Meditation Essay

6. Mental discipline, through the use of meditation project.The experiences in the essay or journal should cover at least a five months period. (800 words min.)

MEDITATION ESSAY

 I began my meditation practice on May 18th, 2018 and continued through November 16th, 2018, a total of 27 weeks of regular meditation practice. It is now December 1st, 2018, and I have continued with my daily devotional practice that evolved out of my meditation work but am no longer consistently making time to meditate outside of my daily devotions except the occasional guided meditation. This is something that I would like to continue to work on as I see where I still need to build significant skill, particularly in being able to settle in my mind and body quietly and simply listen to myself and to the Kindreds. I also feel pulled strongly towards developing trance skills and these mental discipline skills are foundational for that, I think.

I began learning meditation with a Grove class on Zentangle and mandala drawing. I tried this technique for three weeks, sitting down at least twice a week with drawing materials. I found it an engrossing process and could easily lose track of time engaged in creating pattern after pattern; however, I struggled with the constant engagement of my critical and analytical mind. It was rare for me to be able to let go of the need for perfection, an unattainable state to be sure but one which I constantly strive for regardless.

I am a doctoral student in clinical psychology and use mindfulness with clients on a routine basis, so in week 2 I began to use mindful awareness activities at least one a week. I find these beneficial for my mental wellbeing and for being present, connected, and embodied. They are not very useful for moving into a state of detachment or a place of flow for me but were very useful for connecting to the energies of a place or a moment. In particular, I found that combining the “notice five things” in each sense modality with visiting my nature place (a tongue of land between a small manmade lake and the bayou on my university campus) brought me a deep sense of connectedness and heightened awareness of the natural world. I could spend five minutes marveling at the patterns of light and shadow on my skin and the difference in temperature between the sun’s direct gaze and leafy shadowed coolness or how a sudden breeze changed everything I sensed.  I also found that using mindful awareness is the most effective grounding technique for me following ritual.  Mindful eating during post-ritual potlucks where everything about a food is noticed and savored is especially helpful in this regard although I am nonetheless often left with a post-ritual high that jitters through me for a few hours.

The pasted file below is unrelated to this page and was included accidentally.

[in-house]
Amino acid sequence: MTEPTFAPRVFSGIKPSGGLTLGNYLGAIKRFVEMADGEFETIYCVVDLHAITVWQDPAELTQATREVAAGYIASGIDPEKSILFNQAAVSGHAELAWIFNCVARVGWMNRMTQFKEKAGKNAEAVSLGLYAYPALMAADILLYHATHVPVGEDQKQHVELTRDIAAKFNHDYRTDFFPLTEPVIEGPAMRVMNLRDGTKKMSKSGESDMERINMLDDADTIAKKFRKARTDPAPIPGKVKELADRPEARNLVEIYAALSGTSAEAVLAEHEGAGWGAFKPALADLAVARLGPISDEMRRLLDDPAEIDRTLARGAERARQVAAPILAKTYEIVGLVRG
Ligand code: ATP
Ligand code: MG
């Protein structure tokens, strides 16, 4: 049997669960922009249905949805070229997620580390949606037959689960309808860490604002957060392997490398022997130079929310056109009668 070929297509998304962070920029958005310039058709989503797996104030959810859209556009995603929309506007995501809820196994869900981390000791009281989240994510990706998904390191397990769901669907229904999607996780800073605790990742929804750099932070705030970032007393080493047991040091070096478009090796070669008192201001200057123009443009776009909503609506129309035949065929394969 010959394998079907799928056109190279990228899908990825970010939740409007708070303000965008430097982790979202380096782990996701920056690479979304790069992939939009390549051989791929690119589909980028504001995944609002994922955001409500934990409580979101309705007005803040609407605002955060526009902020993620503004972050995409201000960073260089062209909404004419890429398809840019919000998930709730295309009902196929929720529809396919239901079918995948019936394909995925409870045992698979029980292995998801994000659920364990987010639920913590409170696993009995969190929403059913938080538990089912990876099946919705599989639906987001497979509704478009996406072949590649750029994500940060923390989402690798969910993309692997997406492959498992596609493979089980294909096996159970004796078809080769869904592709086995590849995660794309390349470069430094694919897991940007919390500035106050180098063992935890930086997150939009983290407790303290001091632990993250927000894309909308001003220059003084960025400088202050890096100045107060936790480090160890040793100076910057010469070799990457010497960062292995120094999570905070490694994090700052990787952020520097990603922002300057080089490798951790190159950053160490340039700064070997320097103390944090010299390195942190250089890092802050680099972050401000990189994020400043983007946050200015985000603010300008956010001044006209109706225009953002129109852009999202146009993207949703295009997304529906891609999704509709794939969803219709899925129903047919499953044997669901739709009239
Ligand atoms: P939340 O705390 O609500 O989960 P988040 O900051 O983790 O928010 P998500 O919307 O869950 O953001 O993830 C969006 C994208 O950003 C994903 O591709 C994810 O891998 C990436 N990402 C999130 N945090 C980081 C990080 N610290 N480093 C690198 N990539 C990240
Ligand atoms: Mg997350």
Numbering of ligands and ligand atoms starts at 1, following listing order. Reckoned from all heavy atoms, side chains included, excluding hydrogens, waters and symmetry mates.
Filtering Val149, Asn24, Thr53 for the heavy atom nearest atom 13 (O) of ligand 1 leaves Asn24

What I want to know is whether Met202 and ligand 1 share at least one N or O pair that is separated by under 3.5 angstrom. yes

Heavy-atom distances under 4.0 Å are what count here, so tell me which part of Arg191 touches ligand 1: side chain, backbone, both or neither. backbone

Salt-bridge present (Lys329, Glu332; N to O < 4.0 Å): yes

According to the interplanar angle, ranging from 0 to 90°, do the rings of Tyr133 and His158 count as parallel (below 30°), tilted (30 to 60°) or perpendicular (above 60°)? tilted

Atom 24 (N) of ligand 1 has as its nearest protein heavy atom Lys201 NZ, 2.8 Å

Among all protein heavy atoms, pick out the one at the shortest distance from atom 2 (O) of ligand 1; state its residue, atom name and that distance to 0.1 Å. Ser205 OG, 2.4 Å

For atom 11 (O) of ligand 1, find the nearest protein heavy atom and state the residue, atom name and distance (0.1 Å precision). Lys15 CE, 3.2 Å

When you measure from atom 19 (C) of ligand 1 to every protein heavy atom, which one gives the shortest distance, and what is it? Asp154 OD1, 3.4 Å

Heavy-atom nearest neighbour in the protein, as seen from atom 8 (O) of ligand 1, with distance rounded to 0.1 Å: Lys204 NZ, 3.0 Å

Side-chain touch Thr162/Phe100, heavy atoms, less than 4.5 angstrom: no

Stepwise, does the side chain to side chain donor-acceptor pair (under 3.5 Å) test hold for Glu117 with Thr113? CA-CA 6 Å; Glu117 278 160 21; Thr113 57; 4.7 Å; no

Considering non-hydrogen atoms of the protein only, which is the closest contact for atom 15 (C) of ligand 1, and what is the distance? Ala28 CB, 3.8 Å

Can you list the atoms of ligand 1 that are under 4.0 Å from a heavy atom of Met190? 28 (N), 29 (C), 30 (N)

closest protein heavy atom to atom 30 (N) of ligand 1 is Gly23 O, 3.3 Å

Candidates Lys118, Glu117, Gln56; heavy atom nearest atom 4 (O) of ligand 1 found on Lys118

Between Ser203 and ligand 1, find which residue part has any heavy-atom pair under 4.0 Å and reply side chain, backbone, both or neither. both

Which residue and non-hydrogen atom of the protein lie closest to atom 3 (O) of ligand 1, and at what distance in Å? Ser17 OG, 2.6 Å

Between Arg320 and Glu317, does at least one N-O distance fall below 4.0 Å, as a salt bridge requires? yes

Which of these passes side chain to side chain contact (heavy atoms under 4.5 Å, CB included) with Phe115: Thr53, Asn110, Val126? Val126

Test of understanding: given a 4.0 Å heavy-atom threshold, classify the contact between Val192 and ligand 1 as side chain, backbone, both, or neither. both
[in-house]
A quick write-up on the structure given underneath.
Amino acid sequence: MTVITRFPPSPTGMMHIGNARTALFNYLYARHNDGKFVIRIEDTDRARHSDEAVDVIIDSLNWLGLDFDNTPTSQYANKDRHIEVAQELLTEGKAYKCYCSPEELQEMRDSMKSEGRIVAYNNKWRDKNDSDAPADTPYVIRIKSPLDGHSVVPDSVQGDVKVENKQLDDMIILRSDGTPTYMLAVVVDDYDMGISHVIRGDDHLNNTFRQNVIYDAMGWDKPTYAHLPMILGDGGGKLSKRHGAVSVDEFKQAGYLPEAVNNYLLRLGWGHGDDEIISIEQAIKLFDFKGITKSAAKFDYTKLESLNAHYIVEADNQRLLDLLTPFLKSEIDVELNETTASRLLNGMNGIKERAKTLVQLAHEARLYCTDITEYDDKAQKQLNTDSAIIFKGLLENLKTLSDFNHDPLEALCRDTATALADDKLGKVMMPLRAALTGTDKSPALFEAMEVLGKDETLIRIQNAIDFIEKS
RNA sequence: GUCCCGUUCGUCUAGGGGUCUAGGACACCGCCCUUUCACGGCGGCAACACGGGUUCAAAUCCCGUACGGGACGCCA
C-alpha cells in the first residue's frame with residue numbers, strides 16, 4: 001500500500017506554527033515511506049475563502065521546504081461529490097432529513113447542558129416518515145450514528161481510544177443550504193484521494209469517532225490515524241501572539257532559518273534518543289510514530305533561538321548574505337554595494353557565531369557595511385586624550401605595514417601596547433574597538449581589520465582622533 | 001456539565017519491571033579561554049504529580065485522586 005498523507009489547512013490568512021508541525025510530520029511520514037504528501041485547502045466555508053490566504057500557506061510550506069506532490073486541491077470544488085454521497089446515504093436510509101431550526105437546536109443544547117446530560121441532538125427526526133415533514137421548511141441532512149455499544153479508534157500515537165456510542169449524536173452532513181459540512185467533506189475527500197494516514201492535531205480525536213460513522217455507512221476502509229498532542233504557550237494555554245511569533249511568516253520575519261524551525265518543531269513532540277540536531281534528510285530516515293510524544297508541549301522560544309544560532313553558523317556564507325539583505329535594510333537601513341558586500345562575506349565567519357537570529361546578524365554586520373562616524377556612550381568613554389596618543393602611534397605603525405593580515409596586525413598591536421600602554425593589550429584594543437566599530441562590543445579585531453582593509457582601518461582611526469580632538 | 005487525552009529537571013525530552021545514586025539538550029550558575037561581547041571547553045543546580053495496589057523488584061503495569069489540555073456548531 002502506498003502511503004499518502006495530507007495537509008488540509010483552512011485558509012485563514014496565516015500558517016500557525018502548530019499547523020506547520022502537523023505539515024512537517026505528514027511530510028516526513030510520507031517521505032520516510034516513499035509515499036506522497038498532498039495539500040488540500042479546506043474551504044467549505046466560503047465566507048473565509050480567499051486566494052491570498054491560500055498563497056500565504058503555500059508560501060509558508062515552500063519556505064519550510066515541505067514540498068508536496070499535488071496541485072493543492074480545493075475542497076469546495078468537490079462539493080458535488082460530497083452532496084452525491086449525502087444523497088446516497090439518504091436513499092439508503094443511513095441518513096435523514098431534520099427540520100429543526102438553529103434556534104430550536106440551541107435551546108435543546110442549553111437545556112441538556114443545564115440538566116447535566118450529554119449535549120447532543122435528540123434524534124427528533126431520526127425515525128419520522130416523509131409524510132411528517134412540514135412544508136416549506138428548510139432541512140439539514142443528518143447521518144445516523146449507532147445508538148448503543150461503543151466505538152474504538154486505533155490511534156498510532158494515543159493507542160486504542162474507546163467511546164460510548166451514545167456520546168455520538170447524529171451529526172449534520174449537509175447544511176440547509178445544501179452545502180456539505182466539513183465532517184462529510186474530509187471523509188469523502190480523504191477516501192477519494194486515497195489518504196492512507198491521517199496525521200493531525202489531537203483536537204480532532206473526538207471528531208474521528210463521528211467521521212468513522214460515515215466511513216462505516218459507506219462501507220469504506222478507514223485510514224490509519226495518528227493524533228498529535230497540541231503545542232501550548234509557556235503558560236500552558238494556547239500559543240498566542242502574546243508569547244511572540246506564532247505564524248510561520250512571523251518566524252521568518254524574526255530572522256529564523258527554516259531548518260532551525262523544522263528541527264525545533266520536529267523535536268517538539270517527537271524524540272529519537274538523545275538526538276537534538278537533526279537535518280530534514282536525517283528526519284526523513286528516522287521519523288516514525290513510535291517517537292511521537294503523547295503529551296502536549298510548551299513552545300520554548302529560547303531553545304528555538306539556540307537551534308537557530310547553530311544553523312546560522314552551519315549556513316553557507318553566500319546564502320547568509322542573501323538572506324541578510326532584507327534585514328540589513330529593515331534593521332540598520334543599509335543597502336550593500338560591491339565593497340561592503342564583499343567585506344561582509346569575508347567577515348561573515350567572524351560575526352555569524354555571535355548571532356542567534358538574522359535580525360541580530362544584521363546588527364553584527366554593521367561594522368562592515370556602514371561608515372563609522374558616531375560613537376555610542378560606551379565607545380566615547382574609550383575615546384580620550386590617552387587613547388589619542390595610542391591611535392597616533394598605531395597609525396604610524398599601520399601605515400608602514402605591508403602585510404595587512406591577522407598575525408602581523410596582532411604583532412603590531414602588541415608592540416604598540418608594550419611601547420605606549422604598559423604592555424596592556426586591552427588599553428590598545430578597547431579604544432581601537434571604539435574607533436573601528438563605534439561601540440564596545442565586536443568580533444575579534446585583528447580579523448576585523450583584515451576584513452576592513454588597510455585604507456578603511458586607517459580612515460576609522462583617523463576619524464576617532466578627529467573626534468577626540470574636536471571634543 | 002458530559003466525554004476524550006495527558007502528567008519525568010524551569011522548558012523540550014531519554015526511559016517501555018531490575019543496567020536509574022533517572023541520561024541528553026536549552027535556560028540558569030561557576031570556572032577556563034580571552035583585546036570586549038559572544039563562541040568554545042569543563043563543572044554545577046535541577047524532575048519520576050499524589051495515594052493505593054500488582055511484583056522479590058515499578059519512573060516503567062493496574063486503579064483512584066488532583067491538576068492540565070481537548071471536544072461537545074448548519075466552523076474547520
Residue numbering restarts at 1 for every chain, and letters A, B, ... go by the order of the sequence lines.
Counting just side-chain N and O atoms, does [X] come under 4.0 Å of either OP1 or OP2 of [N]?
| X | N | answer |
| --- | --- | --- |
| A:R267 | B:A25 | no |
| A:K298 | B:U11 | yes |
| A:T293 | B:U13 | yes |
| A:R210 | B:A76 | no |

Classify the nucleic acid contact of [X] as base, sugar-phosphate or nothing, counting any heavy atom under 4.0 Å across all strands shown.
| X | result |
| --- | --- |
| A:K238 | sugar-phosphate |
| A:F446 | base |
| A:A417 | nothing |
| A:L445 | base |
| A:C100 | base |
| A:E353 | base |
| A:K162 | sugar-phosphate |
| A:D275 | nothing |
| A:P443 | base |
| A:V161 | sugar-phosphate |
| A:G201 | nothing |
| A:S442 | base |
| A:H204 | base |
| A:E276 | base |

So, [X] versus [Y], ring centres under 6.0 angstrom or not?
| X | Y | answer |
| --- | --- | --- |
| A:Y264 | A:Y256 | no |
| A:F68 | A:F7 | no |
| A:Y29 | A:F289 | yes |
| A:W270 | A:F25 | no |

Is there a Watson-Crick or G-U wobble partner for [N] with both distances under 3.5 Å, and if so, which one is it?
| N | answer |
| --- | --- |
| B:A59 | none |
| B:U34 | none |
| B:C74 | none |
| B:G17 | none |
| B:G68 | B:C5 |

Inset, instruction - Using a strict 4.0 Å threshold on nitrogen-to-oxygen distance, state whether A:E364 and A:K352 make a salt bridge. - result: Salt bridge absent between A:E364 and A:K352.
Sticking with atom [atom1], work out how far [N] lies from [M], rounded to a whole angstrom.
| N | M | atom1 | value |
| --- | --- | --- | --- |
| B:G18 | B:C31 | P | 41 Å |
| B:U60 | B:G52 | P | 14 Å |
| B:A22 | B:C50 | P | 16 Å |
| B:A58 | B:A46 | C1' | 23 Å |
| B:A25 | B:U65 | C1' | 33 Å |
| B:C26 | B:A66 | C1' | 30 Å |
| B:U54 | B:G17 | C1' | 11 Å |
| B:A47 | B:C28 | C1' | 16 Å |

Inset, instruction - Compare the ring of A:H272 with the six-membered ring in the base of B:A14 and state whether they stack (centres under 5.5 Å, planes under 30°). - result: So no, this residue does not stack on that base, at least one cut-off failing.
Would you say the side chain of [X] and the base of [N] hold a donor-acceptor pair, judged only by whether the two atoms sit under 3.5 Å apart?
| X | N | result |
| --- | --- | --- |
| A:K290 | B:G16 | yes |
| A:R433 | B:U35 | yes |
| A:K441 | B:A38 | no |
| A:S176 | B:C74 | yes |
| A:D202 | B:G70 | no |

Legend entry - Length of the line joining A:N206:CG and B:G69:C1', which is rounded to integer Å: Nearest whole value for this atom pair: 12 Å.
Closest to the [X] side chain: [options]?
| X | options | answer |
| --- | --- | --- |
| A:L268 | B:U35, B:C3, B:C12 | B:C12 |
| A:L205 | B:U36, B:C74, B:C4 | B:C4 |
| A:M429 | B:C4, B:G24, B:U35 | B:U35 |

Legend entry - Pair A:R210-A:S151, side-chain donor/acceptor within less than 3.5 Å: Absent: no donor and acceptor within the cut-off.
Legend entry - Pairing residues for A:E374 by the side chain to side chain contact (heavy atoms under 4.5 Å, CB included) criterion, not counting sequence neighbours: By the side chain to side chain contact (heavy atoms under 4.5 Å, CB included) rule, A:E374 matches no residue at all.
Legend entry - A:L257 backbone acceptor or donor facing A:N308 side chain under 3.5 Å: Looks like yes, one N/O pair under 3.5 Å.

During my second week I also began to experiment with counted breaths. I started for several weeks with a 4*2 pattern as I have asthma and holding my breath for any extended period was difficult. This was my most successful technique in terms of moving into a flow where I was focusing my attention on something so that my mind quieted. After a few weeks I became more successful at square 4*4 breaths and that became my preferred method. I can now move myself into a state of calm focus fairly rapidly using focus on a square breath pattern, sometimes in combination with focused attention on bodily sensation accompanying each part of the breath cycle. I at times also focus on an external stimulus, usually a candle flame in a darkened room, while use a square breathing pattern and find that this helps me move into a place of deep inner quiet or with raising energy. I also found in doing this practice that for the first time I am aware of my physical center, the place in my abdomen I breathe into and where my energy body is centered. I can now become aware of this center simply by taking a deep breath and opening my awareness to it. However, even as it has gotten easier to do this and to slip out of my normal state of analytical busy talkative mind, it remains difficult for me to stay there. I rarely last for more than five, sometimes ten minutes, before I become hypersensitive to environmental noise and am pulled out of that state.